Global warming is here and no doubt we (man) caused it. You can't put trillions of tons of greenhouse gasses into the atmosphere and think nothing will happen.

    So what?

    This is a WORLD WIDE problem. One planet, one atmosphere. Do people have rocks in their heads? We aren't even the biggest contributor anymore (China) and soon we will be third (India). We don't want to burn coal but it's okay to export it? Coal use is going up 50% in the next twenty years regardless of what we do. China and India alone are opening 1200 new coal fired electrical generating plants in the next 5 years.

    Cap and Trade? You mean Cap and Export Jobs right? If the cost of electricity goes up manufacturers will move to locations with cheaper power. This is just another redistribution scam and will kill jobs and the economy.

    Exactly what "green" energy is going to replace fossil fuels? Windmills and solar? Your joking right, it isn't just that they produce THE most expensive power it is that they DON'T WORK. An electric grid requires a steady constant flow of electricity, you don't get that from intermittent supply. Colorado did a study and showed that when they cycled (slowed down) their gas fired plants to use renewable energy the net was MORE greenhouse emissions than if they hadn't due to rich burn conditions.

    This is not a political problem this is a science and engineering problem. Until the storage (battery) problem is solved green energy is only useful in select applications.

    The real solutions:
    Population control world wide.
    Lower standard of living world wide.
    Nuclear power, the only green energy source that works, but we will never accept it.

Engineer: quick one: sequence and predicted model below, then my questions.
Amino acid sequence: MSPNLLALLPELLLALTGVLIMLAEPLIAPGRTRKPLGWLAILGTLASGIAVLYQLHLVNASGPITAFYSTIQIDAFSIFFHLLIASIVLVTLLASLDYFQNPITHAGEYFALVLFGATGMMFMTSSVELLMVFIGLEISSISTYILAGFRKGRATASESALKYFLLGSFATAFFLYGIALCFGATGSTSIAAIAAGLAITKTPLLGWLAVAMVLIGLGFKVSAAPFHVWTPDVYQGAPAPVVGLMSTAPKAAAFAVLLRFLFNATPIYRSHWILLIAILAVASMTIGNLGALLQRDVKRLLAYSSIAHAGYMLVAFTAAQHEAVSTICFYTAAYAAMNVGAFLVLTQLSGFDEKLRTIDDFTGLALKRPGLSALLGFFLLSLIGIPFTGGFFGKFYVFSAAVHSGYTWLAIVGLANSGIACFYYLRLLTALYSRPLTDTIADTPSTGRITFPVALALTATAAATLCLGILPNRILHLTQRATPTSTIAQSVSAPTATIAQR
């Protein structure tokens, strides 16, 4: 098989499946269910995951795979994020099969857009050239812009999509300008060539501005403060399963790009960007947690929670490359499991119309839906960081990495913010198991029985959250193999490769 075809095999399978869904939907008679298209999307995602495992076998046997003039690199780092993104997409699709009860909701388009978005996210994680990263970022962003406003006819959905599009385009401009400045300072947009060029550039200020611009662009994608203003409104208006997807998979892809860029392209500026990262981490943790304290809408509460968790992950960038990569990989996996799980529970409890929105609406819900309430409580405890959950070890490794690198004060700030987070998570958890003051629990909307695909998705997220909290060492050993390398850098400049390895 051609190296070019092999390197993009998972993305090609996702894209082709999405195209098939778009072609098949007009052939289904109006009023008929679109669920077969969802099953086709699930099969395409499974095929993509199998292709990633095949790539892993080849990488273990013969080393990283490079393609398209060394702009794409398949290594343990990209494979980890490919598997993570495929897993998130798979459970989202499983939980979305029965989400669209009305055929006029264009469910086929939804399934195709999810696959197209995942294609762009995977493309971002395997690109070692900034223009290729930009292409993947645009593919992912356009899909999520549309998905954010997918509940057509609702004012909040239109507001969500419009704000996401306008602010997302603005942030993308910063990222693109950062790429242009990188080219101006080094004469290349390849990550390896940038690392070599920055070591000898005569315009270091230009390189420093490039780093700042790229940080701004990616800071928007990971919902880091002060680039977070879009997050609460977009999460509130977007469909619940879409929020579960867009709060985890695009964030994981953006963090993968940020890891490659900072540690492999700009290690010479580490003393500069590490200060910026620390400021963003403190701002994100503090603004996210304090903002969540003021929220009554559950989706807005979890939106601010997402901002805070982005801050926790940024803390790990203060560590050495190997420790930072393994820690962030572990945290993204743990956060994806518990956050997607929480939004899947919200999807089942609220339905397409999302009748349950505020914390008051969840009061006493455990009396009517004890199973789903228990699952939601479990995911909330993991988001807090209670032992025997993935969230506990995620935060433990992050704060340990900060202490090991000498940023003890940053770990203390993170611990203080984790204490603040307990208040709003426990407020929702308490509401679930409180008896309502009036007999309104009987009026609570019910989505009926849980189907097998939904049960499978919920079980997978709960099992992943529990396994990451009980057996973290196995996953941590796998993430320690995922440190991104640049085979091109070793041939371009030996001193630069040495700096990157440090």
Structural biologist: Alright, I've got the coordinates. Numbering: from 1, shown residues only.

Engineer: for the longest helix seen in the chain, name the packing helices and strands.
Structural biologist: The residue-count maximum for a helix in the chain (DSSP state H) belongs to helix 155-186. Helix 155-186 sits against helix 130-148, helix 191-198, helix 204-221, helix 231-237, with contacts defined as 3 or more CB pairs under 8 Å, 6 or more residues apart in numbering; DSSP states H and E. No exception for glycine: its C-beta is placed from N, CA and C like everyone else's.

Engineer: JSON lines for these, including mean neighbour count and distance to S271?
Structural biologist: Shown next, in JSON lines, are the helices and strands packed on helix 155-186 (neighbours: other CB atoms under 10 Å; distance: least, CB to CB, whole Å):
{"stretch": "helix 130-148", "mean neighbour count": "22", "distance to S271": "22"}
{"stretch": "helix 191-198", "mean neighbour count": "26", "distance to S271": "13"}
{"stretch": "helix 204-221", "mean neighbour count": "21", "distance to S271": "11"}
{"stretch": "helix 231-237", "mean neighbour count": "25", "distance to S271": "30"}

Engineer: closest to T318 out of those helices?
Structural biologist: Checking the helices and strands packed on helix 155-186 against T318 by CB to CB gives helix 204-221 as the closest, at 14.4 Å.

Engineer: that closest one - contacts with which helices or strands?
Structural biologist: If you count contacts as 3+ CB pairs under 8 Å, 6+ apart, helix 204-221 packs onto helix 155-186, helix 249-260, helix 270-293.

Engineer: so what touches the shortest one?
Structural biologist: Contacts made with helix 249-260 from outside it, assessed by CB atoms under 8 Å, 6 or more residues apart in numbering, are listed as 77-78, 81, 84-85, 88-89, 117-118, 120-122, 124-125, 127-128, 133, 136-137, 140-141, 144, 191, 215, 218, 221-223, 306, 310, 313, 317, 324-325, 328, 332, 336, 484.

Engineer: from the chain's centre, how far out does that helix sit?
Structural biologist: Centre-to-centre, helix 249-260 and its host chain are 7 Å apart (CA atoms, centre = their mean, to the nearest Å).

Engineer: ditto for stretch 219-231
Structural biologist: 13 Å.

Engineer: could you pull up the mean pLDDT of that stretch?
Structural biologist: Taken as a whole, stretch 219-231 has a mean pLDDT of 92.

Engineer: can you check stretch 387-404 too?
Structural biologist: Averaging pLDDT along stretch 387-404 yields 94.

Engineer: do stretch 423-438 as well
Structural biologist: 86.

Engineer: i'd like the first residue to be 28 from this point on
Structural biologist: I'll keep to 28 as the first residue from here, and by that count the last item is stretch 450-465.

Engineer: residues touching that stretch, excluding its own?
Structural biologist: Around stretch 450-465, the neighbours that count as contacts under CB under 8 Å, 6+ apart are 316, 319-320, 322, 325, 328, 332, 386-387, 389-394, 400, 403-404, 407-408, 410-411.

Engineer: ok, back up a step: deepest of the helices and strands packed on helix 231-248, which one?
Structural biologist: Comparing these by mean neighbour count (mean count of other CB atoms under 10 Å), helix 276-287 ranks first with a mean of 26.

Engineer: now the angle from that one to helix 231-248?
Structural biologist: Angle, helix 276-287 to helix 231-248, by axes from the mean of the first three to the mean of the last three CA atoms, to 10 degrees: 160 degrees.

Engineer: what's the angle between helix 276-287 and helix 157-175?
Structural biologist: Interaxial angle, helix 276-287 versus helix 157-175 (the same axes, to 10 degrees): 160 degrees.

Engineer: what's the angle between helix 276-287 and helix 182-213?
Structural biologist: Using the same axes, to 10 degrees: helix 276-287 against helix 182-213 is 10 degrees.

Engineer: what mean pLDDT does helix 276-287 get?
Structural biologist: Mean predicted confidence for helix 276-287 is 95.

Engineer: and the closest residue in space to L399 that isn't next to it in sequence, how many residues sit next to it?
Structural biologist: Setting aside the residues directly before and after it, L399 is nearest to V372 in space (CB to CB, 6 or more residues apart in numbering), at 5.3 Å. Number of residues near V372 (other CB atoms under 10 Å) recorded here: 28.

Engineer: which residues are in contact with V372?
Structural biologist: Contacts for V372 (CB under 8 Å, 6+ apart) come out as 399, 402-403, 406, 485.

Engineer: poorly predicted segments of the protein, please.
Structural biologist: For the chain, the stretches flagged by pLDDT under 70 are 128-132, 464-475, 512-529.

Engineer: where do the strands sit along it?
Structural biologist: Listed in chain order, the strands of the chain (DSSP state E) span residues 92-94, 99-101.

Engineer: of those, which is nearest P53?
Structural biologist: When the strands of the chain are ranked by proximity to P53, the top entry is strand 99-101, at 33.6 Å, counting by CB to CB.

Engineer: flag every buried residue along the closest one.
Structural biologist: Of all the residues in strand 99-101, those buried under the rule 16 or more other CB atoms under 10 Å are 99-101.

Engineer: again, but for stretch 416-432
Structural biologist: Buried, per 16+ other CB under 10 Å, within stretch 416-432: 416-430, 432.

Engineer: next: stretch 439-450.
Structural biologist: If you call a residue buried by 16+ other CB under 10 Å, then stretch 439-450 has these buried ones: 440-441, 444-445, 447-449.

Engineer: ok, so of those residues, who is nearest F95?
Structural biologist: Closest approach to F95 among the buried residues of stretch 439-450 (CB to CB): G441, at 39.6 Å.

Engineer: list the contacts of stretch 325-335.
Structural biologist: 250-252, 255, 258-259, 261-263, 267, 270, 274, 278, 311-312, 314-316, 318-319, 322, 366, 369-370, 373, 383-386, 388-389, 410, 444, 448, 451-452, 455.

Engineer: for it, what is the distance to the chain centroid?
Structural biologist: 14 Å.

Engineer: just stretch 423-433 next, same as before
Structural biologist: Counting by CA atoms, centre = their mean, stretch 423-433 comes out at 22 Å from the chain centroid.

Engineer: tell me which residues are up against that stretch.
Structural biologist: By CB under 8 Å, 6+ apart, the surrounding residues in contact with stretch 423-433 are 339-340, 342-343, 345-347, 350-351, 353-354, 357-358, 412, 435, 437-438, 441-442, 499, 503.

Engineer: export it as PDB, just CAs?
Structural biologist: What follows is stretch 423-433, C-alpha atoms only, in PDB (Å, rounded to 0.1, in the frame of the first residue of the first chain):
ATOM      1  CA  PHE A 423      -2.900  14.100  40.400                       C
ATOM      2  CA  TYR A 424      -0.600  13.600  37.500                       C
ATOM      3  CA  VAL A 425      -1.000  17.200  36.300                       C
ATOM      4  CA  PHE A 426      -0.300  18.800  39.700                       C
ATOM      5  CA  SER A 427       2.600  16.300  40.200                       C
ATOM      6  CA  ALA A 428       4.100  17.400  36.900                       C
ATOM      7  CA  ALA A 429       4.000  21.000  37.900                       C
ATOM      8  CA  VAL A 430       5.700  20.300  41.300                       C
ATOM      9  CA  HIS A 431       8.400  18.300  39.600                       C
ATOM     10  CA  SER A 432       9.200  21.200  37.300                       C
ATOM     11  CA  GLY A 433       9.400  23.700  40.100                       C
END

What are the odds that any of the REAL solutions will be undertaken? Less than zero. Sunscreen, high ground, embrace the madness.



  6. Glen
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    Glen - January 29, 2013 1:33 pm
    First, Margaret said no such thing.

    Second, Fee and Dividend, as proposed by James Hansen and the Citizens Climate Lobby, distributes the revenue equally among citizens. What disproportional proposals are you referring to? Or are you saying that the dividend is not proportional to CO2 produced? That's true, by design, and appropriately so.

    Third, I'm not sure what you mean by the word "efficient", but you seem not to be using the definition usually used with energy. I will guess that you mean "cost effective". The idea is that the fee on carbon is gradually increased until clean energy and conservation become more competitive than carbon fuels.
  7. cedillon
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    cedillon - January 28, 2013 10:00 pm
    She didn't indicate a fee and dividend system as has been proposed. She indicates each consumer is made whole. The fee and dividend proposals I've read about redistribute the revenue disproportionately.

    The problem with taxing dirty energy away, which is what you are talking about, is that it's not sustainable unless the alternative energy you move us to becomes as efficient as the dirty energy. If it doesn't economic forces are going to eventually reverse the trend. Particularly in developing countries that wouldn't tolerate the inefficiency you want to impose on them in the first place.





  8. Glen
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    Glen - January 27, 2013 10:01 pm
    It's not true the a fee and dividend system provides no incentive. The cost of fossil fuels goes up, but not the cost of conservation and clean energy, so there is a shift in the market away from fossil fuels. Plenty of economists have endorsed the idea.
  9. cedillon
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    cedillon - January 27, 2013 9:42 am
    If you tax business you in effect tax their customers, rates will go up. If you return the tax revenue back to the customers you provide no incentive. You are just laundering money through the government - and giving politicians an opportunity to redistribute that portion of the nation's wealth.

    Of course there would be administrative overhead in all of this money laundering so you would either have to draw some revenues from elsewhere in the government budget or not rebate quite "all" of it.

    Let's hope Congress has the intelligence to avoid such a policy!